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30
Jan

THE YEAR IN REVIEW

Politics has always impacted financial market outcomes, but in 2017 the effects were particularly acute. This dynamic was not isolated to any specific region but was manifest across the globe, perhaps indicating an inflection point in the world order. NICK CURTIN reviews the major events and market outcomes of 2017.

Global equities (+24.0%) had a blistering year, achieving a clean sweep of successive positive monthly gains and standing out for its low volatility and broad gains across markets and sectors. Share markets started the year with strong tailwinds, after Trump’s surprise US presidential election victory late in 2016 heralded a period of fiscal expansion. The rally soon tired, but emerging evidence of accelerating, synchronised global economic growth boosted equity markets as valuations were increasingly justified by rising earnings expectations.

Investor sentiment was quickly buoyed by receding European political risks, pro-EU election outcomes in the Netherlands, Italy and France and increasing expectations of a softer Brexit result. Offsetting this, US–North Korean tensions mounted as the year progressed. Latterly, markets gained on the legislative advance of Trump’s aggressive US tax reforms, tempered to an extent by signs of a revival of his anti-China trade rhetoric.

As growth gathered momentum, monetary policy gradually tightened with the US Federal Reserve making three quarter-point interest rate increases. Surprisingly robust European growth and inflation also portends more hawkish European Central Bank policy. Bond yields started to rise later in the year in expectation of rising inflation and interest rates as the global economy continues to gather pace. Indeed, our base case expectation is for 2017/2018 to mark the end of a multi-decade bond market rally. On balance, the funds‘ bias towards select global equities was prescient and well rewarded.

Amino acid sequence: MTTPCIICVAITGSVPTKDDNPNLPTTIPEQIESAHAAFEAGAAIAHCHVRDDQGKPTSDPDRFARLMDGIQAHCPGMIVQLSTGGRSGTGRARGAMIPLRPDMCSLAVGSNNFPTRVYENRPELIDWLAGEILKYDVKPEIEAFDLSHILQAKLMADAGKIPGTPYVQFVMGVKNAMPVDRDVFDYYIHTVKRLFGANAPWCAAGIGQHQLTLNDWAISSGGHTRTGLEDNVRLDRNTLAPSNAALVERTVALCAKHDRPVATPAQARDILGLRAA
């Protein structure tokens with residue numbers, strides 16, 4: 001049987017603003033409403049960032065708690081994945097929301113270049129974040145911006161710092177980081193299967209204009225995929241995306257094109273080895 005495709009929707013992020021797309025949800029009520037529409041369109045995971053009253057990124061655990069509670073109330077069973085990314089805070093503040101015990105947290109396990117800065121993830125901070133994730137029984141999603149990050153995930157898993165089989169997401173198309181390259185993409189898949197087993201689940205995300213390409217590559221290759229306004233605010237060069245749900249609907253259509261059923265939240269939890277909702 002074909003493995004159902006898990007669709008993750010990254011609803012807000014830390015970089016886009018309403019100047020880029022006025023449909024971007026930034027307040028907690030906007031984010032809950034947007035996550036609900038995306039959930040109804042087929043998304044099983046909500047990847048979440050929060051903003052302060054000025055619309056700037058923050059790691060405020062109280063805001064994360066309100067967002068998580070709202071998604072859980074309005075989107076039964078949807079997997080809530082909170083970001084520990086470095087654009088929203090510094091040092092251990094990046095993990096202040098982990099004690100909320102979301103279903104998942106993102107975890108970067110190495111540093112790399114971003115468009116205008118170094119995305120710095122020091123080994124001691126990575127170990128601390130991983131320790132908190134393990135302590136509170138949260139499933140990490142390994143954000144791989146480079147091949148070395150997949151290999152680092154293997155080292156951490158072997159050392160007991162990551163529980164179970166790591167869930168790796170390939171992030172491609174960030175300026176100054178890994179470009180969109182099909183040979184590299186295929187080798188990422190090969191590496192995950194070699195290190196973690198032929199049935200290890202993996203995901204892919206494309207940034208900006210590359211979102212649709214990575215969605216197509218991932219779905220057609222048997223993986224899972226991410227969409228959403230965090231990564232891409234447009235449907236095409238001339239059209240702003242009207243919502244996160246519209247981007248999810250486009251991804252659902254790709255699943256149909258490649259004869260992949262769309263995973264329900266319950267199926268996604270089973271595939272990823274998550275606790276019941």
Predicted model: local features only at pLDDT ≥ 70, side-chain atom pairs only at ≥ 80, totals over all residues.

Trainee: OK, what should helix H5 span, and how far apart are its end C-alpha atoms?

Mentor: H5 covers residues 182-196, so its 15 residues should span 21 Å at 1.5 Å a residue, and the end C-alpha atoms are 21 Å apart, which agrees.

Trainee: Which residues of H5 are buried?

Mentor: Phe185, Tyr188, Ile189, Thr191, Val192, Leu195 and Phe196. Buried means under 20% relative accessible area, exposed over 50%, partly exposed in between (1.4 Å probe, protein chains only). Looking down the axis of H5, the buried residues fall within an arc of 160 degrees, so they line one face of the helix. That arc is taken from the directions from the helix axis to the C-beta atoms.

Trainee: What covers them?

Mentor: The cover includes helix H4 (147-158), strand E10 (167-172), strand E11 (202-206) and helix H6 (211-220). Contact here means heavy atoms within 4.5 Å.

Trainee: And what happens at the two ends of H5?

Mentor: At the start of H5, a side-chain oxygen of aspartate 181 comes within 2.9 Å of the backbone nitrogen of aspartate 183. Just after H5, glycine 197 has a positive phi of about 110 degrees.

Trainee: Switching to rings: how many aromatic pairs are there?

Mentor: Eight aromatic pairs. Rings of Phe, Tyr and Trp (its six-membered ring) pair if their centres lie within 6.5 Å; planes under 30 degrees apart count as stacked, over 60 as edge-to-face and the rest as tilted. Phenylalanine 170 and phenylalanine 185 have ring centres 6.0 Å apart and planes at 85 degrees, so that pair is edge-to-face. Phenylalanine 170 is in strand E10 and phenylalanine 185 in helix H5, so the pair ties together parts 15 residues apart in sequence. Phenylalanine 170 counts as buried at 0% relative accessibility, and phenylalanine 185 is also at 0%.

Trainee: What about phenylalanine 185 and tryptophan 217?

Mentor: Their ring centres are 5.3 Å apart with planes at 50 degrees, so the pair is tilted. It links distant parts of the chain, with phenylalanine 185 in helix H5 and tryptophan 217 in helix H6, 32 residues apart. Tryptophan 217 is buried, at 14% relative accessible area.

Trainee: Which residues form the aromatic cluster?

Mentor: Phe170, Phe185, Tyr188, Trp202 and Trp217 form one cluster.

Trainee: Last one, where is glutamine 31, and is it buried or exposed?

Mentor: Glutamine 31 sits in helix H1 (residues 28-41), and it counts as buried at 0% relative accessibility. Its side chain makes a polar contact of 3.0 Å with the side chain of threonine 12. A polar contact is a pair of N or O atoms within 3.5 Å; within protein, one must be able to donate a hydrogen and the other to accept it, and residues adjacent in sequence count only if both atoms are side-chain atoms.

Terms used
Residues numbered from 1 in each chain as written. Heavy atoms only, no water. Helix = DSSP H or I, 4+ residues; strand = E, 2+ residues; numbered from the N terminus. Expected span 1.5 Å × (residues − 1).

South Africans expecting a year of political and economic tumult were not disappointed. Initially, the JSE tracked emerging markets higher on advancing commodity prices and improving global growth. But the firing of Finance Ministers Gordhan and Jonas, surprisingly higher tax increases and S&P Global Ratings’ subsequent sub-investment credit downgrade rattled investors. The economy entered a technical recession in the first part of the year and the country’s structural economic problems ensured only tepid growth thereafter.

Notwithstanding the relief rally after Ramaphosa’s narrow December ANC elective conference victory, the economic outlook remains distressed with strained public finances, a weak consumer, higher taxes and further credit rating downgrades looming. The FTSE/JSE All Share Index (+21.0%) delivered a solid return for the year, advanced largely due to Naspers, stronger commodity prices and a late, sentiment- driven rally in SA Inc. shares.

Given the outlook, Foord’s unit trust portfolios maintain a preference for non-resource companies with foreign earnings, be they listed locally or abroad. Near-dated SA government bonds continue to offer an attractive real yield and the portfolio managers maintain a healthy allocation to select domestically focused companies, including the best managed banks. Global markets should drift higher but we remain somewhat cautious given the late stage of a nine-year expansion cycle. Politics will also likely continue to be the key variable in South Africa in the year ahead.